more than national champions: Simpson College's shooting sports team

 

The Simpson College Shooting Sports Team may not be the most known team on campus, but it might be the most welcoming.

I sat down with Coach Scott Moniot to get a better understanding of what this team is really all about… and it’s not what you think.

In early 2016, Scott Moniot was hired as head coach for the Shooting Sports Team.

While there was some hesitancy from some alumni, Coach Moniot says the overall support has been phenomenal.

Me: What kind of culture are you trying to create within the team?

Coach Moniot: “The shotgun sports can be a very unique fit for a lot of individuals and within that fit we’re finding out the culture is totally different within the competitive side of shotgun sports than what is typically perceived in the media.

Me: What were some of the challenges getting to Nationals?

Coach: Well… Taylor Jergeson, a junior chem/physics major had an overwhelming course load that got too crazy and he made the call to stay and focus on his school work, which I am so proud of him for. He made the difficult life choice and made the right call to stay, miss nationals and do focus on his schooling. That’s the side of the story that doesn’t get told, but that’s the side of the story that tells you what kind of kids are on the team. He made the tough, mature choice and I support it 100%.

Me: The college’s article said the team was complimented at Nationals on how they conducted themselves and their demeanor. Can you expand on that a little bit more and what it was that really made them stand out from other teams?

Coach Monoit: The most exciting part of the journey was being complimented at Nationals. During the shooting sporting clays event(which is about a half mile course) the pullers(who hit the button to release the target) were sitting in the heat. After the team had shot, they would shake the hand of the puller and thank them, all the way through the course. A woman called us back and said to me our kids just have the best attitudes, helping each other and encouraging each other. Those are some of the things we’re trying to instill in the team from the get go, is just being thoughtful and realize that other people are making this happen for you. To be courteous ad mindful that there are a lot of thankless jobs out there, but it someone wasn’t doing it, it wouldn’t be possible for us to reap the benefits of it. Those are some of the things we talk about in practice and we don’t just talk about it… we do it.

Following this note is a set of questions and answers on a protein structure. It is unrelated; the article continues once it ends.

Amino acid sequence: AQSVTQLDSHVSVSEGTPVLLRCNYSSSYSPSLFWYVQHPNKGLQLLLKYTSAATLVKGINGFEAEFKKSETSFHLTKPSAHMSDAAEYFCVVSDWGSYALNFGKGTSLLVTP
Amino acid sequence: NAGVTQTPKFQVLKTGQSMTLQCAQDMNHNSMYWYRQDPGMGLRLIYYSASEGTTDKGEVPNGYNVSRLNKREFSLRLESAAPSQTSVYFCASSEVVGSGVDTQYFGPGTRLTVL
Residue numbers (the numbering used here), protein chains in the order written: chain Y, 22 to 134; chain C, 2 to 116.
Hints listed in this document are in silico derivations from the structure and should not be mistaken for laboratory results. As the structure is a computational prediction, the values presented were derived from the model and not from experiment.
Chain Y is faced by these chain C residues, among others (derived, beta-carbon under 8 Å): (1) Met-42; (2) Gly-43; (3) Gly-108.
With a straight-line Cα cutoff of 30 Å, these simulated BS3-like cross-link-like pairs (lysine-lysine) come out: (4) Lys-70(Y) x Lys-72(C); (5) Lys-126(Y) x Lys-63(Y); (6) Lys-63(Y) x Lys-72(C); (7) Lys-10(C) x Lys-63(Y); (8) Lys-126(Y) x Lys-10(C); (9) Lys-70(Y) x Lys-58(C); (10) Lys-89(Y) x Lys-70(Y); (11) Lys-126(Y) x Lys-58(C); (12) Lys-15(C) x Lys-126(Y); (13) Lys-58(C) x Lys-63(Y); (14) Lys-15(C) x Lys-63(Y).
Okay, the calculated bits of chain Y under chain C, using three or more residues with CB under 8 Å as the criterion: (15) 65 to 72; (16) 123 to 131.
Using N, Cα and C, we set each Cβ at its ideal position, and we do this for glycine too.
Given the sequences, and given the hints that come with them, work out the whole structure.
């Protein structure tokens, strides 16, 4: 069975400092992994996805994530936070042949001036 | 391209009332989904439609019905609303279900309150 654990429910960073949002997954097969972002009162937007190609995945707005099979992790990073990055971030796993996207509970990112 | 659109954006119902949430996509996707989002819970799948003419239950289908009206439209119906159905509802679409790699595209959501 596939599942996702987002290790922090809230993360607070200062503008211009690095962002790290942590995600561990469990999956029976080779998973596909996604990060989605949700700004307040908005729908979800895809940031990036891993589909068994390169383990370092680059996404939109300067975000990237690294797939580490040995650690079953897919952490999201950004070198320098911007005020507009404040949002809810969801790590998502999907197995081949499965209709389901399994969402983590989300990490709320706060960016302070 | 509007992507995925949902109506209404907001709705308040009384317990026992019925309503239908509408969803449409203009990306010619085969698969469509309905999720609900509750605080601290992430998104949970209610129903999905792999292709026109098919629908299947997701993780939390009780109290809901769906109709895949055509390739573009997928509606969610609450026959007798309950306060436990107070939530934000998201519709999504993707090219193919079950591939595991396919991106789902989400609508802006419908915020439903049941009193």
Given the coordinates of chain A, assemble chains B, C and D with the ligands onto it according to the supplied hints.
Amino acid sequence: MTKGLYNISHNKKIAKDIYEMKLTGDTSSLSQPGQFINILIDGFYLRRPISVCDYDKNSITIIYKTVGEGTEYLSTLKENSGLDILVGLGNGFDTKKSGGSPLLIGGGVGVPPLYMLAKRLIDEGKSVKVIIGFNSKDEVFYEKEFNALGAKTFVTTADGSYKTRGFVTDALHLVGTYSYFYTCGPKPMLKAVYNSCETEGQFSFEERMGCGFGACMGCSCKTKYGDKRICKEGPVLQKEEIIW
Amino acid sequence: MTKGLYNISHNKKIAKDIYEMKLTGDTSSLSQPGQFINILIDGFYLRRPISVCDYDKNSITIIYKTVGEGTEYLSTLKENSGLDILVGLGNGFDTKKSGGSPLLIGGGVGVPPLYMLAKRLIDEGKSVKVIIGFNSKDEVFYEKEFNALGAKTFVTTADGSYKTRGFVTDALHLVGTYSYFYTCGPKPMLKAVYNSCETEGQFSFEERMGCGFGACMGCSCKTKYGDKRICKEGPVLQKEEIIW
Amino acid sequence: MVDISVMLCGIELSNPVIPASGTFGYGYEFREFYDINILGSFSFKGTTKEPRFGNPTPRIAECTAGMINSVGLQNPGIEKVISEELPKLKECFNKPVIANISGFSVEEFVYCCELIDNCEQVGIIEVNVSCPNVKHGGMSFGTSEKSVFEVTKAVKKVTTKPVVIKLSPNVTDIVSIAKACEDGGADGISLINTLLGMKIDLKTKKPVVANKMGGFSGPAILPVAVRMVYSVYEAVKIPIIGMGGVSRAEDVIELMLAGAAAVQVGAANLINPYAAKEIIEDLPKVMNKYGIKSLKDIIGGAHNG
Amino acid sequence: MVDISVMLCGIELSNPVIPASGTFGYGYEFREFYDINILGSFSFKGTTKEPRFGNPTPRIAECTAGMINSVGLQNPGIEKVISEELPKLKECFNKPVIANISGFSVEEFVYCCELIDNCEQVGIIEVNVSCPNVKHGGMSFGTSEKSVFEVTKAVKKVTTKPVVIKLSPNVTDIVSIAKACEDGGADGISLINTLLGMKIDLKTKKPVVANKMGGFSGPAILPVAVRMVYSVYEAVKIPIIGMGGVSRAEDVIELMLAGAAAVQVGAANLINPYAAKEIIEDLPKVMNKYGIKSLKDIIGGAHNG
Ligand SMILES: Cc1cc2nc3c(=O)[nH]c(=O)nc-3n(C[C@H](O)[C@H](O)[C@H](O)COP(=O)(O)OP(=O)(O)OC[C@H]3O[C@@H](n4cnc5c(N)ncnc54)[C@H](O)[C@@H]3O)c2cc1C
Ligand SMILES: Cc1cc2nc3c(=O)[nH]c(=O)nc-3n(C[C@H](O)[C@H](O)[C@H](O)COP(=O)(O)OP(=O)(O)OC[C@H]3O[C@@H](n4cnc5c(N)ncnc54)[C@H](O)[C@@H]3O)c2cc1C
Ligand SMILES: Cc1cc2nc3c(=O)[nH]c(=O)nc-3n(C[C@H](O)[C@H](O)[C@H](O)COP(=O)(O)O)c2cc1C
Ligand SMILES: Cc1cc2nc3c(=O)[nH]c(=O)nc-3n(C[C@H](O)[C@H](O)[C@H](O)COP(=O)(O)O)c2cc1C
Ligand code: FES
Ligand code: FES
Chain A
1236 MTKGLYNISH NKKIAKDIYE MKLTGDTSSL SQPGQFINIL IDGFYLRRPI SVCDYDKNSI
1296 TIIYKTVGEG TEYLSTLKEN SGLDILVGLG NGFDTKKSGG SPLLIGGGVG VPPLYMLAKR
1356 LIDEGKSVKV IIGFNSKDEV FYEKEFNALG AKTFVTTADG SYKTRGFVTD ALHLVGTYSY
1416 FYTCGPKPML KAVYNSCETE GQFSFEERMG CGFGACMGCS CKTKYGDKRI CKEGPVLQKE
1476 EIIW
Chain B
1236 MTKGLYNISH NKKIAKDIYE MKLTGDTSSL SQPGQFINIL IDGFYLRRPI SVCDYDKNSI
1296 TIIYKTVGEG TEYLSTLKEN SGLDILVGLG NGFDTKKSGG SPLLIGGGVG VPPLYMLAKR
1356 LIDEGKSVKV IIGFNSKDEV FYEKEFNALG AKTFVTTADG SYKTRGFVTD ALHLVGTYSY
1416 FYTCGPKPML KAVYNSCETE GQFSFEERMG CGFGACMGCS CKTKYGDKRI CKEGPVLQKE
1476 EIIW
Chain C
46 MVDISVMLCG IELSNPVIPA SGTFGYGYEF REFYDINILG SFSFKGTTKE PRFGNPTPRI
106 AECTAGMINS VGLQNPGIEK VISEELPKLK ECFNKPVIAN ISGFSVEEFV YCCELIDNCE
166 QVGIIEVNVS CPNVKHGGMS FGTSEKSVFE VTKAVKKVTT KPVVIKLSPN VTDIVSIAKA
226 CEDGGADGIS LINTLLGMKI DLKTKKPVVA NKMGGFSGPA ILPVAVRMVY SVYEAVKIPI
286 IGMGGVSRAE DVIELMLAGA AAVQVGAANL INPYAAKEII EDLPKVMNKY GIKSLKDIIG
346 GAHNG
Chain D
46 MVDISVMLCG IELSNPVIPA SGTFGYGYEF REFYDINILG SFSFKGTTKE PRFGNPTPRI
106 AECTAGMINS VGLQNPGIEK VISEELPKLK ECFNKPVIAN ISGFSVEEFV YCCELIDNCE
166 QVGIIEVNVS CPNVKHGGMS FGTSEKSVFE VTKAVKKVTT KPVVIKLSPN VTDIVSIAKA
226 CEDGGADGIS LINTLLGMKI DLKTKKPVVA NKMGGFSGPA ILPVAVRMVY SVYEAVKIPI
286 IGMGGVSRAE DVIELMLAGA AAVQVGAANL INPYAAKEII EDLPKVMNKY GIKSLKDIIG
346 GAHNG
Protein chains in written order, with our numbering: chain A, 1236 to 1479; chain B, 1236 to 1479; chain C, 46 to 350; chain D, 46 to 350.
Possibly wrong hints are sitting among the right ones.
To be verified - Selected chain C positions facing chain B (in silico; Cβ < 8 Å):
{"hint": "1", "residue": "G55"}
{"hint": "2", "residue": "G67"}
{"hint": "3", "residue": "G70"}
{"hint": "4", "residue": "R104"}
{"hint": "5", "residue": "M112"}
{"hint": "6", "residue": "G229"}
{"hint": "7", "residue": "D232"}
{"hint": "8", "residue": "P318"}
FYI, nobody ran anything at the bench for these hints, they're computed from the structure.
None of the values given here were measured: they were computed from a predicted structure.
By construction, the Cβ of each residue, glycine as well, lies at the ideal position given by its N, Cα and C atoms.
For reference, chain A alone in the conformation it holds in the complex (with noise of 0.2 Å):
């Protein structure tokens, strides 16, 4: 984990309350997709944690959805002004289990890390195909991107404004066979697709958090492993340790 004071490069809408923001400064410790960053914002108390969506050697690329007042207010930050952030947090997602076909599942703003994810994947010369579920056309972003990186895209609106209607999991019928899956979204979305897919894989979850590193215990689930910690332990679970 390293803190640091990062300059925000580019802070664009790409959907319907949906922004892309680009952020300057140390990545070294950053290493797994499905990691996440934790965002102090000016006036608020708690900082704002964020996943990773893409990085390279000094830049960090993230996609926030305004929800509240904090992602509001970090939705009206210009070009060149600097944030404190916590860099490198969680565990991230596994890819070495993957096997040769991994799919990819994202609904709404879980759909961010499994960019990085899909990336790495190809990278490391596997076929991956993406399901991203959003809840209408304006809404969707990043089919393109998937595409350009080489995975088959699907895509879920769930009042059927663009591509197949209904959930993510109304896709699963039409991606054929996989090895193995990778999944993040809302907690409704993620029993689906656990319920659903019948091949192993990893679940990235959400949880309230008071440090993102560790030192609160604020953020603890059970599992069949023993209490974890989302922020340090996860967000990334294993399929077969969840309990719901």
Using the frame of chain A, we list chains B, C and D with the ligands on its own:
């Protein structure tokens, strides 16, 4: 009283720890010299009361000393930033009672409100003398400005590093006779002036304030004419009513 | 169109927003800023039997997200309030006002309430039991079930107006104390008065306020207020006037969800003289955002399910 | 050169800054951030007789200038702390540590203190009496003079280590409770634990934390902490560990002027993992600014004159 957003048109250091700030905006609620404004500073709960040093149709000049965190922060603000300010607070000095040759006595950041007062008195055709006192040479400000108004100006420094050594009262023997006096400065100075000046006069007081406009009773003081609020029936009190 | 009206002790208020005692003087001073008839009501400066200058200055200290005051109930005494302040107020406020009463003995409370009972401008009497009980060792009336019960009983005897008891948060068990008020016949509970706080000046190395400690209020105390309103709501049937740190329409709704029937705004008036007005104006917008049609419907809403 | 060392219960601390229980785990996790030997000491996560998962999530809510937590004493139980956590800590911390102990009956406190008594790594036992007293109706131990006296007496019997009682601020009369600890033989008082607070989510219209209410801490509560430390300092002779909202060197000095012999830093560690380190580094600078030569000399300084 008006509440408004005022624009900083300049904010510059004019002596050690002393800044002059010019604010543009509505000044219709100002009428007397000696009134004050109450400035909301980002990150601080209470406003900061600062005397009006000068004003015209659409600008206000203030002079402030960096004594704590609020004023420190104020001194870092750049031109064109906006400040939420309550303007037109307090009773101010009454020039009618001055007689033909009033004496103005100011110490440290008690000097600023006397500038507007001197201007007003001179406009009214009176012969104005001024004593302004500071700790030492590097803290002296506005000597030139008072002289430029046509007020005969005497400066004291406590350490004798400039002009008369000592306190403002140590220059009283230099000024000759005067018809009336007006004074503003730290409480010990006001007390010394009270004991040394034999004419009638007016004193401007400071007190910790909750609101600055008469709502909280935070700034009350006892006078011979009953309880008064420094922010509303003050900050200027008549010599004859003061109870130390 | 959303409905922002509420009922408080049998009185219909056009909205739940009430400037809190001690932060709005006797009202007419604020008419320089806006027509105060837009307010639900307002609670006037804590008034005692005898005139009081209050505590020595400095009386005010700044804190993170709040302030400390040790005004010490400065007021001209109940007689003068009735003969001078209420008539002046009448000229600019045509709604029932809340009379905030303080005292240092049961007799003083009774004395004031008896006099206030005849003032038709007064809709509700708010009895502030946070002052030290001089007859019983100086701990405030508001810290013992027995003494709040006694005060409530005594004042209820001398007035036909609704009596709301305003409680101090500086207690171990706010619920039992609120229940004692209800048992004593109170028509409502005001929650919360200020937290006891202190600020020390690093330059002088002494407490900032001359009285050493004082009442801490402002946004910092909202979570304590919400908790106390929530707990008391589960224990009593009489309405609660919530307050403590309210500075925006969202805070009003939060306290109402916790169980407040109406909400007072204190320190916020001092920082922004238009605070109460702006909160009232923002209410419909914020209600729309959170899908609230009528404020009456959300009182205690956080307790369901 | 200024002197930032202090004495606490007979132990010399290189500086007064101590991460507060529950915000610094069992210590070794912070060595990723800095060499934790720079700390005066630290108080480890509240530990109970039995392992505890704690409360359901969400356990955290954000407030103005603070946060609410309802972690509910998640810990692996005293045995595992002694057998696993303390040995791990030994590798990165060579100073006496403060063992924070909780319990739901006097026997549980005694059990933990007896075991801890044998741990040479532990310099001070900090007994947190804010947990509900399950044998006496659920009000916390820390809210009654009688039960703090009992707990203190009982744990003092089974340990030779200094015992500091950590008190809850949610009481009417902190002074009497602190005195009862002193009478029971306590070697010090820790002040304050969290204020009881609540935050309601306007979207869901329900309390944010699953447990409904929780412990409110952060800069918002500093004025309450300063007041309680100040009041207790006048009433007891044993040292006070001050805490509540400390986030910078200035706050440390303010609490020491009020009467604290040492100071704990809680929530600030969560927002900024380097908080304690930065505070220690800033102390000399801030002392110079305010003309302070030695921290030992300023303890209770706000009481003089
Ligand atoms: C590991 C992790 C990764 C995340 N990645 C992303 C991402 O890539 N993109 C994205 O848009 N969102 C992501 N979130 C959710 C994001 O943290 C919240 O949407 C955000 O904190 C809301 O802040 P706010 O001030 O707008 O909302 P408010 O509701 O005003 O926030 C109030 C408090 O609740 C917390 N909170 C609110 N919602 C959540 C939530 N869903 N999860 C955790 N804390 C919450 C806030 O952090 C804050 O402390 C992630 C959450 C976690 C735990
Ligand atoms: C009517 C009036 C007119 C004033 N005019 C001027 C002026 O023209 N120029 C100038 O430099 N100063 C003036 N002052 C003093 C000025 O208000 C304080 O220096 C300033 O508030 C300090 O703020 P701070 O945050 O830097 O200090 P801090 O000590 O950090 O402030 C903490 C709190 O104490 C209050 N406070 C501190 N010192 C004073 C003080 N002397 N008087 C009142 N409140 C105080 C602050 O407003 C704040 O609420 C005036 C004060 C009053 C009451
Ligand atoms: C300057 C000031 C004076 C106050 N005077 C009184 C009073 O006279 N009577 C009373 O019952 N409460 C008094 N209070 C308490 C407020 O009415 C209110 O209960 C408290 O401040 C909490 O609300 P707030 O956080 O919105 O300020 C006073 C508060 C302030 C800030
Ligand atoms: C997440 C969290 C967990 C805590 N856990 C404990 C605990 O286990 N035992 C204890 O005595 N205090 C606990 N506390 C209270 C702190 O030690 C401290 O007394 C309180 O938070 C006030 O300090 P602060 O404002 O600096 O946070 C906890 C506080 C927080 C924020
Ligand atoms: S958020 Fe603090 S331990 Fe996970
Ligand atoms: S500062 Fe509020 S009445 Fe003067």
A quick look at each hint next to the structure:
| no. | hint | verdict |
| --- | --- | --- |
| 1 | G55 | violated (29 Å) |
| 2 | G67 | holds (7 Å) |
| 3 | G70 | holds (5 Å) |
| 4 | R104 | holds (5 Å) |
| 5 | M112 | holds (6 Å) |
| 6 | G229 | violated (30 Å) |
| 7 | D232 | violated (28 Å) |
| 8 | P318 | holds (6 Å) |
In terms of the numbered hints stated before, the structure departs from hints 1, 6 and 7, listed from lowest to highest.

Another great story of the incredible character of the team began on the Friday of Nationals: the team was awarded third place. After the excitement and celebration Friday night, Saturday morning Coach looked through the scores online.

It showed that the team was actually in fourth place.

He went to talk to the head of the ACUI and they said they knew there was a mistake and told him not to worry about it.

Coach wanted the kids to bring the awards back but the ACUI insisted they keep them and that they would order new awards for the other team.

MaddyBerneau

Coach said, “Okay, let me go talk to the kids and see what they want to do.” So he went back to the van and told the team what had happened. “Before I even had to say another word, they decided the awards had to go back right away for the deserving team. As a whole team, they walked in and returned it all without a second thought.”


Later that day the ACUI flagged down Coach and the team and thanked them. She was amazed how graciously the team had returned the medals and trophy. 

That was also the day the team won the International Trap Championship. Maybe what goes around, comes around? 

I got the chance to record a podcast episode with Maddy Bernau and Patrick Long-Quian in the studio about there experiences on the Simpson’s Shooting Sports Team.

Listen to the podcast below!

*This was a story for my Journalism 2.0 class at Simpson College. Originally posted April 27, 2017.

student-athletes at Simpson College talk about life as a multi-sport athlete

Playing multiple NCAA sports does not happen often at any level, but Simpson College gives this opportunity to many of its student-athletes.